Will future historians refer to our time as the Plastic Age?
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You know you’re getting old when you can remember a time before plastic. We talk about the historical ages of the human race — the Stone Age, the Iron Age, the Bronze Age — and I sometimes wonder whether future historians will refer to our time as the Plastic Age.
Look around you at the plastic world we live in.
Apart from the throw-away plastic packaging that’s choking our rivers and oceans, we sit on plastic furniture, use plastic containers, paddle plastic kayaks, wear plastic footwear, communicate via plastic devices, the list is endless.
A friend told me recently that his wife had reversed her car into a lamp-post and dented it. The garage quoted R8 000 to fix it, but he realised the panel was plastic so he heated it with his wife’s hair dryer and pushed the softened area gently back into shape. He sent me a photo and it looked as good as new.
My local hardware store even sells artificial lawn — plastic garden! I can remember the first time I encountered this ubiquitous substance.
It must have been in 1945, when many South African men were returning from the German battlefields and prison camps of World War II.
One of my uncles presented me with a little toy car he’d bought in England and said, “It’s made of a new material called plastic”. Frankly, it was pretty basic, more or less shapeless, and not anything as good as my painted tin toy cars, but one doesn’t look a gift car in the mouth, asyermightsay.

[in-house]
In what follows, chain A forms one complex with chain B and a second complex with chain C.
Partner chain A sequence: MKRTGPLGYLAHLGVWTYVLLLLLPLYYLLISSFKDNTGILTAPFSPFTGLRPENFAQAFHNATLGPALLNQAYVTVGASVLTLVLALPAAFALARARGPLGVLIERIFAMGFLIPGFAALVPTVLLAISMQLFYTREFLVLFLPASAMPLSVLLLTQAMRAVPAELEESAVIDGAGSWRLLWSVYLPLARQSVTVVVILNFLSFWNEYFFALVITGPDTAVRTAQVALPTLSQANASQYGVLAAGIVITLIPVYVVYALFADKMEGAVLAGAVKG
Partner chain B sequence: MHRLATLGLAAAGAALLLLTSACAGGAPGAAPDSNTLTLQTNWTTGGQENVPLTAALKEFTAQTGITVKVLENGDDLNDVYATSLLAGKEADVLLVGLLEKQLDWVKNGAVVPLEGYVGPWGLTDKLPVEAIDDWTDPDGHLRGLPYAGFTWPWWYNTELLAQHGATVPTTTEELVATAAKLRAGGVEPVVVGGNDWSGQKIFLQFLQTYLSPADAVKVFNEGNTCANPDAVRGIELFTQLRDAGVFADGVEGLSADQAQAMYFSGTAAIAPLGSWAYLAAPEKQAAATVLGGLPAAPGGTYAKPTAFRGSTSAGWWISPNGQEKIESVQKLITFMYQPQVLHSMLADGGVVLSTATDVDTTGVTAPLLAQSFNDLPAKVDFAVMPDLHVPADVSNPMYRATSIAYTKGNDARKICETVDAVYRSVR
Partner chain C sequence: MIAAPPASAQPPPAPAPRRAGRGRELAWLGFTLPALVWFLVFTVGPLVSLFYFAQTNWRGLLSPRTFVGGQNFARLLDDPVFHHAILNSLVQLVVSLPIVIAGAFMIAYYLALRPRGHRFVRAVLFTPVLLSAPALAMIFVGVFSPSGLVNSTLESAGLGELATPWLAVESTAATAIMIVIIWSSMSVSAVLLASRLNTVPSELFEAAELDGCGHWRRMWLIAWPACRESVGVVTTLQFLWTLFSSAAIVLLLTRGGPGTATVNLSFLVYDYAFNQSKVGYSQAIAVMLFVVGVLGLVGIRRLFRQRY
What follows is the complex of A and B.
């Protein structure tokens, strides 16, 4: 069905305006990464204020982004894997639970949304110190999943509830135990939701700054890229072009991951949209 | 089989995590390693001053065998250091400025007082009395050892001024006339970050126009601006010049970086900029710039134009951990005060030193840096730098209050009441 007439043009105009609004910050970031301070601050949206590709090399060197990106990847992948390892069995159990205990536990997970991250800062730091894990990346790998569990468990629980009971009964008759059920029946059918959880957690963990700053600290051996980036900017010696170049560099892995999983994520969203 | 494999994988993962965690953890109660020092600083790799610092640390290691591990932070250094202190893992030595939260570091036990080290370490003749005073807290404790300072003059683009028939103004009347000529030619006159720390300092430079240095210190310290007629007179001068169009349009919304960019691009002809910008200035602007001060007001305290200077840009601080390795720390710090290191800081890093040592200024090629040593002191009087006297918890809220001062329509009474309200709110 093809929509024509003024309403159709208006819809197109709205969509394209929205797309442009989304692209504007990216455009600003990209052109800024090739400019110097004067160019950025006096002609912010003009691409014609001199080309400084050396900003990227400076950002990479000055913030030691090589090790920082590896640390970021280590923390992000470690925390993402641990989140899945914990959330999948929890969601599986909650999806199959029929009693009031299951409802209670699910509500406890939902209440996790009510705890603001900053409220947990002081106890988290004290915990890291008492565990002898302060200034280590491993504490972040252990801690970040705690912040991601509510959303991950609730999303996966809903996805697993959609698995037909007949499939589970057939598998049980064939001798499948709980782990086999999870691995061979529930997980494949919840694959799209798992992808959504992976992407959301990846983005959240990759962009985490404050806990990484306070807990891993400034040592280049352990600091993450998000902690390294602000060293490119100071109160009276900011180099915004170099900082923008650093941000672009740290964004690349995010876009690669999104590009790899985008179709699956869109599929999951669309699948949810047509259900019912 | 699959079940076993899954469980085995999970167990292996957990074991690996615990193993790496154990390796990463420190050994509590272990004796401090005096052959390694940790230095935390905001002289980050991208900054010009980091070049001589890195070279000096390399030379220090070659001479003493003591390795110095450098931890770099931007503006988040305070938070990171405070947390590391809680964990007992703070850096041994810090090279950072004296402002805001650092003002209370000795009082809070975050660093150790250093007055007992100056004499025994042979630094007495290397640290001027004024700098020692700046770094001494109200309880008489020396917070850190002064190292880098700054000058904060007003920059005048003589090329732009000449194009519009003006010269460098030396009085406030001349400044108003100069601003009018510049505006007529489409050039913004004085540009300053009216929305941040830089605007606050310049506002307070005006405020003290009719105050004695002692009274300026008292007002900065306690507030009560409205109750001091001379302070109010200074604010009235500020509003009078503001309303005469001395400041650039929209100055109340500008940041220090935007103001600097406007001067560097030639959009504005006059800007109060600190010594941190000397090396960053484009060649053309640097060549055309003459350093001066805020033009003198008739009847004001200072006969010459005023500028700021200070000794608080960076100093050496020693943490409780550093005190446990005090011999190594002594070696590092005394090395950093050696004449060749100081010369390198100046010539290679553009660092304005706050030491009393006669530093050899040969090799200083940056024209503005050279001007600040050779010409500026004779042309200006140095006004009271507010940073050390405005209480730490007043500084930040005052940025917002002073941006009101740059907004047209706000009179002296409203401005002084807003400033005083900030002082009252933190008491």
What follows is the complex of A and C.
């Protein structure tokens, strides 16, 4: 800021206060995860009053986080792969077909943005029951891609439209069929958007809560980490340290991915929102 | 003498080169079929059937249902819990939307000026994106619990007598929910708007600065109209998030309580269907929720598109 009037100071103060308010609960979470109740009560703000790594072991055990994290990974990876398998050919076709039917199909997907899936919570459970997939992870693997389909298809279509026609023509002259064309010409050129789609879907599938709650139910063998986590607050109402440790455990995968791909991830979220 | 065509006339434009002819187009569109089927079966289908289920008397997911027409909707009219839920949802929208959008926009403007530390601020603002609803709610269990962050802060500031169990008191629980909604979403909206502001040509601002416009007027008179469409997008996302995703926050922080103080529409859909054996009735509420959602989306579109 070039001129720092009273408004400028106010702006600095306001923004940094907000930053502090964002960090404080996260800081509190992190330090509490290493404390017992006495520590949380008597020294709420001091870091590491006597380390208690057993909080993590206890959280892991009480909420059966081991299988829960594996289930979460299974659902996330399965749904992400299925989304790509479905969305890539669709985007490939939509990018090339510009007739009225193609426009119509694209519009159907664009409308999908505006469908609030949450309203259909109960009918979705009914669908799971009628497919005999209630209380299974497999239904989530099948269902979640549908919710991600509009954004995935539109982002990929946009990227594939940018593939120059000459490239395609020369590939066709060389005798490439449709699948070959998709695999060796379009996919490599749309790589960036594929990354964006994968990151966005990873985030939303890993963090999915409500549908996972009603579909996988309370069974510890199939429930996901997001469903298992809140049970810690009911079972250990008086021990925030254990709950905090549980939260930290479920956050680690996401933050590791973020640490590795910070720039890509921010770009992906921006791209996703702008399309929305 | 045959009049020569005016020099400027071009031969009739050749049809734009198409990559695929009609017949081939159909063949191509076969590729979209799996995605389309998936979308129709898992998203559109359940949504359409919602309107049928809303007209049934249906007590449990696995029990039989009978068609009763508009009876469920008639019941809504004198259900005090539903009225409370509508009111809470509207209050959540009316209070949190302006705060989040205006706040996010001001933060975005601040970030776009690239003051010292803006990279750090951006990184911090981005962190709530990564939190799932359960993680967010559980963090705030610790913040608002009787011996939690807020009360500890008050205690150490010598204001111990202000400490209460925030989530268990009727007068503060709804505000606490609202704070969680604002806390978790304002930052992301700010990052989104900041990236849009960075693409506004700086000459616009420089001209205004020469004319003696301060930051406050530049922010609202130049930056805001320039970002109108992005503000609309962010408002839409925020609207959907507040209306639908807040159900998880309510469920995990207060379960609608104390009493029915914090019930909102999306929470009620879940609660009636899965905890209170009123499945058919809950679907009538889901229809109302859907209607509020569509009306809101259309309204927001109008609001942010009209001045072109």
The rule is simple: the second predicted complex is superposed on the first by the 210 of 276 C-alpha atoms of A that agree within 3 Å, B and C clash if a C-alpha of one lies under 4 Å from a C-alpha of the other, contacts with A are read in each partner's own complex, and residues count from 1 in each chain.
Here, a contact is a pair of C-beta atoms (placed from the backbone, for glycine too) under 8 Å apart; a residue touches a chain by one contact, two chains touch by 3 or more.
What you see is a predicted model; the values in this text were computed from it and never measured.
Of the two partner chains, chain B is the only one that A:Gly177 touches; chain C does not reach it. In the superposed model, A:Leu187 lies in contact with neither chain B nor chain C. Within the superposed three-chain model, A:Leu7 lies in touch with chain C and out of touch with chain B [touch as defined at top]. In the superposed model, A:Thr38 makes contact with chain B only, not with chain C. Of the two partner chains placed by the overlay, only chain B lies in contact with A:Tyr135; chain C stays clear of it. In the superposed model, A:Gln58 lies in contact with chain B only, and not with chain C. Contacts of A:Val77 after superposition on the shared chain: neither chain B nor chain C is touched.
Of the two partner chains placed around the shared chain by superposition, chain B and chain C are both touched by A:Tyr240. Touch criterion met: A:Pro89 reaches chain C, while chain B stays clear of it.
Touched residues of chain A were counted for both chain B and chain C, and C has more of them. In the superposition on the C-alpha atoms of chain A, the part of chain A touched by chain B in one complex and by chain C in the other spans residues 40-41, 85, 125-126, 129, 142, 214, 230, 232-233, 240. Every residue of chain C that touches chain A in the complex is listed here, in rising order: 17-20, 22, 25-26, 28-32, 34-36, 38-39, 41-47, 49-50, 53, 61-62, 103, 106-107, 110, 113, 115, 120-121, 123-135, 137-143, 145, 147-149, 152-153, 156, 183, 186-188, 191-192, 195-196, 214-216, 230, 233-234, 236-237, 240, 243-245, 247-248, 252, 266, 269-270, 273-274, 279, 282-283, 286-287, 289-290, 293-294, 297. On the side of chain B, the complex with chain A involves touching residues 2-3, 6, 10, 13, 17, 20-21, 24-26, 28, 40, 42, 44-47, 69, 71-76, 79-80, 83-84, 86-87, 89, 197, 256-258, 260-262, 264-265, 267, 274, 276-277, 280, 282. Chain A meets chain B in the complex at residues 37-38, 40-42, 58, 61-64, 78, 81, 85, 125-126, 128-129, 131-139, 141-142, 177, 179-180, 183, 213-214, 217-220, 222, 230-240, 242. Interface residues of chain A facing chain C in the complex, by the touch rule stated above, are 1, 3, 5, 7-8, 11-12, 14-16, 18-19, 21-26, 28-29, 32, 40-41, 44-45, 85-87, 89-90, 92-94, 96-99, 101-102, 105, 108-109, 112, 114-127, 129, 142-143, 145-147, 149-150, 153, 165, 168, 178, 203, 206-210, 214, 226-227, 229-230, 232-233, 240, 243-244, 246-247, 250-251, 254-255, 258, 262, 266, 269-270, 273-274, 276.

We actually had very few toys during that time. All the factories were making guns for our men “up north”. I wonder how many kids today have toy cars that are not made of plastic.
The tragedy is that plastic has become so cheap and common that nobody regards it as important. That’s why we’re choking our planet to death with the stuff. I believe we could put all that waste plastic to good use.
Collect it, recycle it and mould it into building panels to created housing for the homeless. We waste a huge amount of time and money chopping down precious forests for building material when we are surrounded by a knee-deep ocean of raw material that’s available completely free.
Maybe future historians will say, “If you dig down through the plastic strata, you come across amazing signs of a primitive civilisation that lived in structures made of sand, stones and trees”.
Nobody will believe that.
The local parson was admiring the beautiful garden of one of his parishioners.
“It’s amazing what one can do with the help of the Almighty”, he said.
“Yes, indeed,” said the gardener, “but you should have seen what a mess it was when He had it all to Himself.”
* "Tavern of the Seas" is a column written in the Cape Argus by David Biggs. Biggs can be contacted at [email protected]
** The views expressed here are not necessarily those of Independent Media.
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